Last week I spoke to multiple operators who reflected on the process they used a year ago to set their goals for 2020 – and how those goals currently lie in a hundred pieces on the floor due to COVID-19.
Usually around this time of year, I talk to my clients about planning for next year: budgeting and setting specific goals for culture, management and staff development, marketing, PPA, quality, retention, and service.
But what about now, in this unprecedented mess of a year, as we move toward 2021?
You Have to Plan
John Lennon once sang, “Life is what happens to you while you’re busy making other plans.”
Does that seem relatable in 2020?
The beginning of the crisis made us all reactive – we dropped into a foreign land and had to write our own guidebook.
Some of my clients had anticipated launching new budgeting and accountability processes with me this past year.
But then COVID hit, and we immediately had to abandon that work because we had no idea what the rest of 2020 would bring.
And things still seem to change every day, making that type of reactivity – even seven-plus months into this crisis – very understandable.
You absolutely can’t go into 2021 without any plan at all – even if, “We don’t have any (insert your swear word here) idea what is going to happen next year anyway.”
As we dig deeper into the crisis, that kind of attitude is becoming outmoded.
Operators buying into it risk making a huge mistake that will hold them back for years.
The Steps to Take
Uncertainty aside, you can still plan for 2021; you just won’t have certainty about the top line. So:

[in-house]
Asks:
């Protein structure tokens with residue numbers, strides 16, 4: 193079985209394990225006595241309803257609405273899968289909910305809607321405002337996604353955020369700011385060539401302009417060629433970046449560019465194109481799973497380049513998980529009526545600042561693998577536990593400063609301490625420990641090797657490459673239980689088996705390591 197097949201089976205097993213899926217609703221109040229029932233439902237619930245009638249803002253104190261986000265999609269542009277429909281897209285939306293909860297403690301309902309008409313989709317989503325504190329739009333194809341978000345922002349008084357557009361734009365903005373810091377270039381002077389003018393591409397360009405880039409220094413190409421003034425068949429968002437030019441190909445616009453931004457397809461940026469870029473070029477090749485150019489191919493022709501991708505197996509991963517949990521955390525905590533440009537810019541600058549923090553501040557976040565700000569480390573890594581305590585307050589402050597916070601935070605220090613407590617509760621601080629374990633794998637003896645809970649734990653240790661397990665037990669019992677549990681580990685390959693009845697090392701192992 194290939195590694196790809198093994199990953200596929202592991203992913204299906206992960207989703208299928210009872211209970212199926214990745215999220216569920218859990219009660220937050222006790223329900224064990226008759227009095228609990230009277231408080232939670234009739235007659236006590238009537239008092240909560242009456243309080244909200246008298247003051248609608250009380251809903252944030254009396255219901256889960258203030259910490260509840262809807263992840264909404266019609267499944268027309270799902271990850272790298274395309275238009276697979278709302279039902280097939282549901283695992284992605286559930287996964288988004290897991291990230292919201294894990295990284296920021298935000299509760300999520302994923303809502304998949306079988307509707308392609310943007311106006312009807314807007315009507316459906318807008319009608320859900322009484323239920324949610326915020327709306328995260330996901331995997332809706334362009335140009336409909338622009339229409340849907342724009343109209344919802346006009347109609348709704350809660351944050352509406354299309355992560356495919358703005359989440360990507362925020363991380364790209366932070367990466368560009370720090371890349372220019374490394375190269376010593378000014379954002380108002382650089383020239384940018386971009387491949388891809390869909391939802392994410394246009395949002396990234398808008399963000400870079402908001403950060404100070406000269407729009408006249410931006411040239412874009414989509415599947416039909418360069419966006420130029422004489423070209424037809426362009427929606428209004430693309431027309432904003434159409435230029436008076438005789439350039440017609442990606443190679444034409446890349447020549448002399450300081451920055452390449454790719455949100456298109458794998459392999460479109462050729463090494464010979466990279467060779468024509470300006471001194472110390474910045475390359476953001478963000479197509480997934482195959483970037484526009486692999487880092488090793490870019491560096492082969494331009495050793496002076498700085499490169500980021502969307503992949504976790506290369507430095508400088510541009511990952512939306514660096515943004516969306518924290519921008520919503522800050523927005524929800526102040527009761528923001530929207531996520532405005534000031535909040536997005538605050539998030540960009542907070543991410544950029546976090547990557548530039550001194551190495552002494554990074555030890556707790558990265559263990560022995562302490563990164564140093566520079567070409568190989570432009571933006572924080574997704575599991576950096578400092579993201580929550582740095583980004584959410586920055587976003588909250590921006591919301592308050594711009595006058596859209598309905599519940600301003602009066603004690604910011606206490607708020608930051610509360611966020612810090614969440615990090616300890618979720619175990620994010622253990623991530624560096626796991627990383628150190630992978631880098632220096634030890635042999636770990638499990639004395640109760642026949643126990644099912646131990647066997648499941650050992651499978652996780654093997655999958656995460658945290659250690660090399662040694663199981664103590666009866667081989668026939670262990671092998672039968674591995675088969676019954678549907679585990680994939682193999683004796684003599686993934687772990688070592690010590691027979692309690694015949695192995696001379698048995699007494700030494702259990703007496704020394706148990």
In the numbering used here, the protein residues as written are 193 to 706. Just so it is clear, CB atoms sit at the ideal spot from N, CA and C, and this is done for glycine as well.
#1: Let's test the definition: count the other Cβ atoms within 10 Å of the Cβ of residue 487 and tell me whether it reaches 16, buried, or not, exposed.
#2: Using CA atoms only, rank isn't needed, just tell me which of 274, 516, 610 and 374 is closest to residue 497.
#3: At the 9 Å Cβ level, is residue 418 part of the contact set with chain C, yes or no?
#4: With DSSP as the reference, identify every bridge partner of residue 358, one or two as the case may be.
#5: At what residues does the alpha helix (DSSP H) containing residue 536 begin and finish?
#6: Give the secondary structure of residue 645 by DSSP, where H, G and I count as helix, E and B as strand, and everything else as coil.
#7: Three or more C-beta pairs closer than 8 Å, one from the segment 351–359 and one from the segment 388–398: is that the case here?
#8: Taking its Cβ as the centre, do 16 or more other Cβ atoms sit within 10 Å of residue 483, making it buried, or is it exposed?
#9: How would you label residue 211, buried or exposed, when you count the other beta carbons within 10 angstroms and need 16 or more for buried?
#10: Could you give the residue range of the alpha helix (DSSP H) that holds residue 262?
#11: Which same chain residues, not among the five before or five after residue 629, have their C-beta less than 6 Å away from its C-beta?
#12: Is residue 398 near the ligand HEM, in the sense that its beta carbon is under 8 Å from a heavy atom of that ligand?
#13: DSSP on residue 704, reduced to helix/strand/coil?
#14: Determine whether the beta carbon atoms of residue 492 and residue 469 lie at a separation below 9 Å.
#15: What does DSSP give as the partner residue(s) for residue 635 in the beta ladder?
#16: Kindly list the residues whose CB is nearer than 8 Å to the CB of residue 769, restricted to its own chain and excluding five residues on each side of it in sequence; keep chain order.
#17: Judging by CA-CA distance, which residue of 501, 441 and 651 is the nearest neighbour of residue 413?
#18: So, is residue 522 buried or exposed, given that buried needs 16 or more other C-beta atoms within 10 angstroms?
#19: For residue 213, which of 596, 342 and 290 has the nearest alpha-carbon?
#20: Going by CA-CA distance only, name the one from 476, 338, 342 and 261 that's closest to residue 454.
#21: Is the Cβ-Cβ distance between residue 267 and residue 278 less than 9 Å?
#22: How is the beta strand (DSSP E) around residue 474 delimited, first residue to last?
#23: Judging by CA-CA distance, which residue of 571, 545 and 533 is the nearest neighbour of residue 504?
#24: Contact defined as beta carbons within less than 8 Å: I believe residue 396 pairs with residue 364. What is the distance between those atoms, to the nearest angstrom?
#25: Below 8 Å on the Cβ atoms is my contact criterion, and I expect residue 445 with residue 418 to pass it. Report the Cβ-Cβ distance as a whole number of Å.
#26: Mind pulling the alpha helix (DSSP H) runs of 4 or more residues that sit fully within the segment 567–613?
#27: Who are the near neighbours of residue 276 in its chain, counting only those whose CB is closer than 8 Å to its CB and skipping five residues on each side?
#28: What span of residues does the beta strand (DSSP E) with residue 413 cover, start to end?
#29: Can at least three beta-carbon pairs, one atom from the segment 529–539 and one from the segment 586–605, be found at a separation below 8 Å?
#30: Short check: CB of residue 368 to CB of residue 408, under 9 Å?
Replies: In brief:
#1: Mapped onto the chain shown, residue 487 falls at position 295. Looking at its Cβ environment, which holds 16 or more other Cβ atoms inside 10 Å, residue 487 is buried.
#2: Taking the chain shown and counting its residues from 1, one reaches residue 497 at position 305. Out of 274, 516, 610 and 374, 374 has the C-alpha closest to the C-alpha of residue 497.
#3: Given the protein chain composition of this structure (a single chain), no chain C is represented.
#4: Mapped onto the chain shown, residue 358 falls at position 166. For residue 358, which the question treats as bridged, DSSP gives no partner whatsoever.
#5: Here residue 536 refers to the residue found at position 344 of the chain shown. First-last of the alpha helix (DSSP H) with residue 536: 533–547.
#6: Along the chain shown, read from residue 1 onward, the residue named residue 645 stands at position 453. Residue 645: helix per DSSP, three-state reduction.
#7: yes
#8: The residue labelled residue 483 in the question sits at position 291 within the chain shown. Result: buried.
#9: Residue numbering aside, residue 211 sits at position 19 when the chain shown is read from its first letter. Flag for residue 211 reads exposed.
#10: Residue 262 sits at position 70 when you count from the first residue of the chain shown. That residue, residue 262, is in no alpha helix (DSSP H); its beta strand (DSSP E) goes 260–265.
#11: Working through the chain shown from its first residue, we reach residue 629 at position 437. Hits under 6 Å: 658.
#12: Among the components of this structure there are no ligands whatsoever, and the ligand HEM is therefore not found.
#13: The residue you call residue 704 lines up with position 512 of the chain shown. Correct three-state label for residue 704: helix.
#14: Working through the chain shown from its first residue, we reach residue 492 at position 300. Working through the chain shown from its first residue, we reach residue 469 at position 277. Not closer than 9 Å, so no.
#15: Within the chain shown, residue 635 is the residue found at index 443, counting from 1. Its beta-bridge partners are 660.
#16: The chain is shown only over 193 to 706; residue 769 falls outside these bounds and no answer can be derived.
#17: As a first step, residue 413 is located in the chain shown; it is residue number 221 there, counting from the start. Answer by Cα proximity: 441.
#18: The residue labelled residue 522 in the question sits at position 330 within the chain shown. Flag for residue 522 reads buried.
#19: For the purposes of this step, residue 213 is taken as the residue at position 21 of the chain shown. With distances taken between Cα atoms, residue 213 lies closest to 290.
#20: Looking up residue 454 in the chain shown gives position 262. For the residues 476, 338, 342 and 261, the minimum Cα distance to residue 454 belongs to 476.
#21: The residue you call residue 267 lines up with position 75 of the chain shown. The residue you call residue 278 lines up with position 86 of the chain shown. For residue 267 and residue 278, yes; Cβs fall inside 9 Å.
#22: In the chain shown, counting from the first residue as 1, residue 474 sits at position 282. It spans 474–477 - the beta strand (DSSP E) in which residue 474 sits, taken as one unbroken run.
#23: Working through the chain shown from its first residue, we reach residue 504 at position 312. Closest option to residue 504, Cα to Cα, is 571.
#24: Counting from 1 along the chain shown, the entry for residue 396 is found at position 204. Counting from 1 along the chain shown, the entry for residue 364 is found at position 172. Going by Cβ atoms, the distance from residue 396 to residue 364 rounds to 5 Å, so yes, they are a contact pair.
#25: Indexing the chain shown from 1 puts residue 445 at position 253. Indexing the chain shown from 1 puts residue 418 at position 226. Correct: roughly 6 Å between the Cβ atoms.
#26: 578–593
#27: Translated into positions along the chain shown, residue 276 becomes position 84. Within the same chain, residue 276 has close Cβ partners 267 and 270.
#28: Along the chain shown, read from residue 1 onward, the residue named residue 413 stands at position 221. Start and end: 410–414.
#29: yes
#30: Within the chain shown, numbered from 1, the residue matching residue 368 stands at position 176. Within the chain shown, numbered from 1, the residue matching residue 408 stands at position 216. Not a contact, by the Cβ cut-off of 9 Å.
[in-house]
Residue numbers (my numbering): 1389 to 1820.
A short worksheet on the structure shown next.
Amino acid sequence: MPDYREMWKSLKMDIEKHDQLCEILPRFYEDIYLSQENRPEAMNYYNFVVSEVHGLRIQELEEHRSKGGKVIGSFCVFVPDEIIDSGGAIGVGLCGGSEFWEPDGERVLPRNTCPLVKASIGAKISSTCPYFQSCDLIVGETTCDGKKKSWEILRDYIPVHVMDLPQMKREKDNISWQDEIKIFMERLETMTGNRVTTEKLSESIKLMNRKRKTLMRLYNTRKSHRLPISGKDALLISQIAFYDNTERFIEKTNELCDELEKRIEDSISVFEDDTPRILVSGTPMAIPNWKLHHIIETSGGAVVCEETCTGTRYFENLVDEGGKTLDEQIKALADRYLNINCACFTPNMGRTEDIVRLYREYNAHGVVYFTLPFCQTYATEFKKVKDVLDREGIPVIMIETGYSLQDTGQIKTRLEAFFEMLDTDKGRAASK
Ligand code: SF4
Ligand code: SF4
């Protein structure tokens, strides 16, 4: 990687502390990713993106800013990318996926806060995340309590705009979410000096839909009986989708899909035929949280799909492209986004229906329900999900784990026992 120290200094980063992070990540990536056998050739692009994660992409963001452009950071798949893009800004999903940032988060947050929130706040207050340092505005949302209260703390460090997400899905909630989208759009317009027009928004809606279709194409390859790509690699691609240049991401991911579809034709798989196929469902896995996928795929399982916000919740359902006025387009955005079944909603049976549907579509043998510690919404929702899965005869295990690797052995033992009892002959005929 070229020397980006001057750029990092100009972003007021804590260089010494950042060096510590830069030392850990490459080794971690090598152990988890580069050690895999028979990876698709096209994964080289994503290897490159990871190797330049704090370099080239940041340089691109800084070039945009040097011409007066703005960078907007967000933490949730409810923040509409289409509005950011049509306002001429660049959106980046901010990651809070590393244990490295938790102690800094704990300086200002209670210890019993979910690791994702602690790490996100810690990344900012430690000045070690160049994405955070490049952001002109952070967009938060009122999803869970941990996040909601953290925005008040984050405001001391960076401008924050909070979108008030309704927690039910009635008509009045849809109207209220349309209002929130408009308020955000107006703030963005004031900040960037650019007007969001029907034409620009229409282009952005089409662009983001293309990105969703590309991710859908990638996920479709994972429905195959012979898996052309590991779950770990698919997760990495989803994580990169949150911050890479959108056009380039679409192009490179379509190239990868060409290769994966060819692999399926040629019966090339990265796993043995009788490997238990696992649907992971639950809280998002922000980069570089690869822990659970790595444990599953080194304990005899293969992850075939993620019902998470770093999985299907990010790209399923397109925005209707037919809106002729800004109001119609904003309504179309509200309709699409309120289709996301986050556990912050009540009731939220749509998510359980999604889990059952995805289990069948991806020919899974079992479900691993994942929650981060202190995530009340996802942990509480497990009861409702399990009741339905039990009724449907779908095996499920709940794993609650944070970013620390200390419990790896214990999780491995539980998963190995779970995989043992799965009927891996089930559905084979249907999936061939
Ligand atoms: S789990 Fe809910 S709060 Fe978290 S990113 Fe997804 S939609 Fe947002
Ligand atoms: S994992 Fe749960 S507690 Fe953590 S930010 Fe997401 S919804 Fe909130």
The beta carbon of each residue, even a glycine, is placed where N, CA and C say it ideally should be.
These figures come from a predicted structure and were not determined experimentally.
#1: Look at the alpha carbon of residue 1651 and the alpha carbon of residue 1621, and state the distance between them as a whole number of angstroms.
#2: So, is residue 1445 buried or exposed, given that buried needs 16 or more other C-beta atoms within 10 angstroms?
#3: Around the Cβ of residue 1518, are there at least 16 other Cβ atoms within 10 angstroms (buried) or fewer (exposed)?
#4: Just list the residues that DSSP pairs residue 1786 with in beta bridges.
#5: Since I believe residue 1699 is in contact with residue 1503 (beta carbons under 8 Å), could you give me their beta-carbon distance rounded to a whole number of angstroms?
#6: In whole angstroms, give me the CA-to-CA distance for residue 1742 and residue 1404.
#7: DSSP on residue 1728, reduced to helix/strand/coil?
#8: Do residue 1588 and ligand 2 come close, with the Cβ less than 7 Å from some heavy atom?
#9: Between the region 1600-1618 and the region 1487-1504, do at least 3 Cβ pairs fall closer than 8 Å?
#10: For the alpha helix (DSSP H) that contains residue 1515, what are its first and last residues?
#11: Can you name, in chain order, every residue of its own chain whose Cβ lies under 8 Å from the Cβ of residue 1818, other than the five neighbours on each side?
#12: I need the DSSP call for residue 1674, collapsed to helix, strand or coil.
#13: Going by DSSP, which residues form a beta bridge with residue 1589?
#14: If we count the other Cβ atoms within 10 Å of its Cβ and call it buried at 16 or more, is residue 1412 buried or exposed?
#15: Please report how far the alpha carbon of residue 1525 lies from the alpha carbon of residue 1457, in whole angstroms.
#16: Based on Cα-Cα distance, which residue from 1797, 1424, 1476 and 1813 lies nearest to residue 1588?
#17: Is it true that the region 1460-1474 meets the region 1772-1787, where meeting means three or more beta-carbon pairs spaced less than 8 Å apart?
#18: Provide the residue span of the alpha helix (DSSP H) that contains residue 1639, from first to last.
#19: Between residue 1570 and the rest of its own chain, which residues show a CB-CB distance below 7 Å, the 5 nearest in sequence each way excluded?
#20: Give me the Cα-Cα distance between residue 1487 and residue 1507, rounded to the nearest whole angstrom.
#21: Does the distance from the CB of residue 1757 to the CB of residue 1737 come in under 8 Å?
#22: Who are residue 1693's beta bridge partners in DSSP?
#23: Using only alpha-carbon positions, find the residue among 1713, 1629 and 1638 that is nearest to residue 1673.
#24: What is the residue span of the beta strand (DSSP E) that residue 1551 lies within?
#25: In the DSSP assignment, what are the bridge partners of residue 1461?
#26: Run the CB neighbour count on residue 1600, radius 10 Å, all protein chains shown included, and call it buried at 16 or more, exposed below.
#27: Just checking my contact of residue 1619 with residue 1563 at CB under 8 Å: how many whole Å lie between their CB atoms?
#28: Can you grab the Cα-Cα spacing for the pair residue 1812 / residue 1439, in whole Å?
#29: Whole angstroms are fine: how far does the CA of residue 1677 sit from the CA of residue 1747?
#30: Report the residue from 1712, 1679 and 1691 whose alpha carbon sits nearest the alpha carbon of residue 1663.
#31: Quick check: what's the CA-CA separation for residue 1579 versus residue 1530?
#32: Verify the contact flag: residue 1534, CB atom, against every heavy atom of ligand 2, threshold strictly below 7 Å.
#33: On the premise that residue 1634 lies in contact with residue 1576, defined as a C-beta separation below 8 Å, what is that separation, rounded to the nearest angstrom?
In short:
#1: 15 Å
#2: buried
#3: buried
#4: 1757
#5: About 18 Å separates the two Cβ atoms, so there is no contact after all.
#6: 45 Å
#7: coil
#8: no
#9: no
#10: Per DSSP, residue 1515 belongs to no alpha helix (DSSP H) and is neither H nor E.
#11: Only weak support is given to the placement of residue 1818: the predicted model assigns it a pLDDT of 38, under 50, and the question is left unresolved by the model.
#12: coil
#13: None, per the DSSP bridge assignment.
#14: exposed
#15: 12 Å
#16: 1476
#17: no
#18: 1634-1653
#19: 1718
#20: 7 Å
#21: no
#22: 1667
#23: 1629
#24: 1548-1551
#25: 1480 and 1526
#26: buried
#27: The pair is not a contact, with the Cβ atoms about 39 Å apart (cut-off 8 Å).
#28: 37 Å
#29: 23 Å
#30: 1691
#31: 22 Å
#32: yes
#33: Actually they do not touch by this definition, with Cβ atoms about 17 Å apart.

- Forecast revenue with several different scenarios.
- Plan cost management.
- Understand cash flow and when you may need more capital – either from the government, a bank, or another source.
- Establish specific activities in the areas of culture, management and staff development, marketing, PPA, quality, retention, and service.
To each of these, attach a specific set of results you want. Then, just like in any year, check back during 2021 and hold yourself accountable.
We all believe that, by this time next year, the budgeting and planning process will look more like ones that have been typical throughout our careers.
I’ll happily write to you about that next year – believe me!
For now, though, your restaurants must have the best year they can in 2021, whatever happens.
Over to you. Don’t cancel your annual planning process. You may have to do it on Zoom instead of in person, but commit to what you can control in 2021.
Restaurant companies that do this will come out way ahead of the ones who stay reactive as we survive, stabilize, and dominate.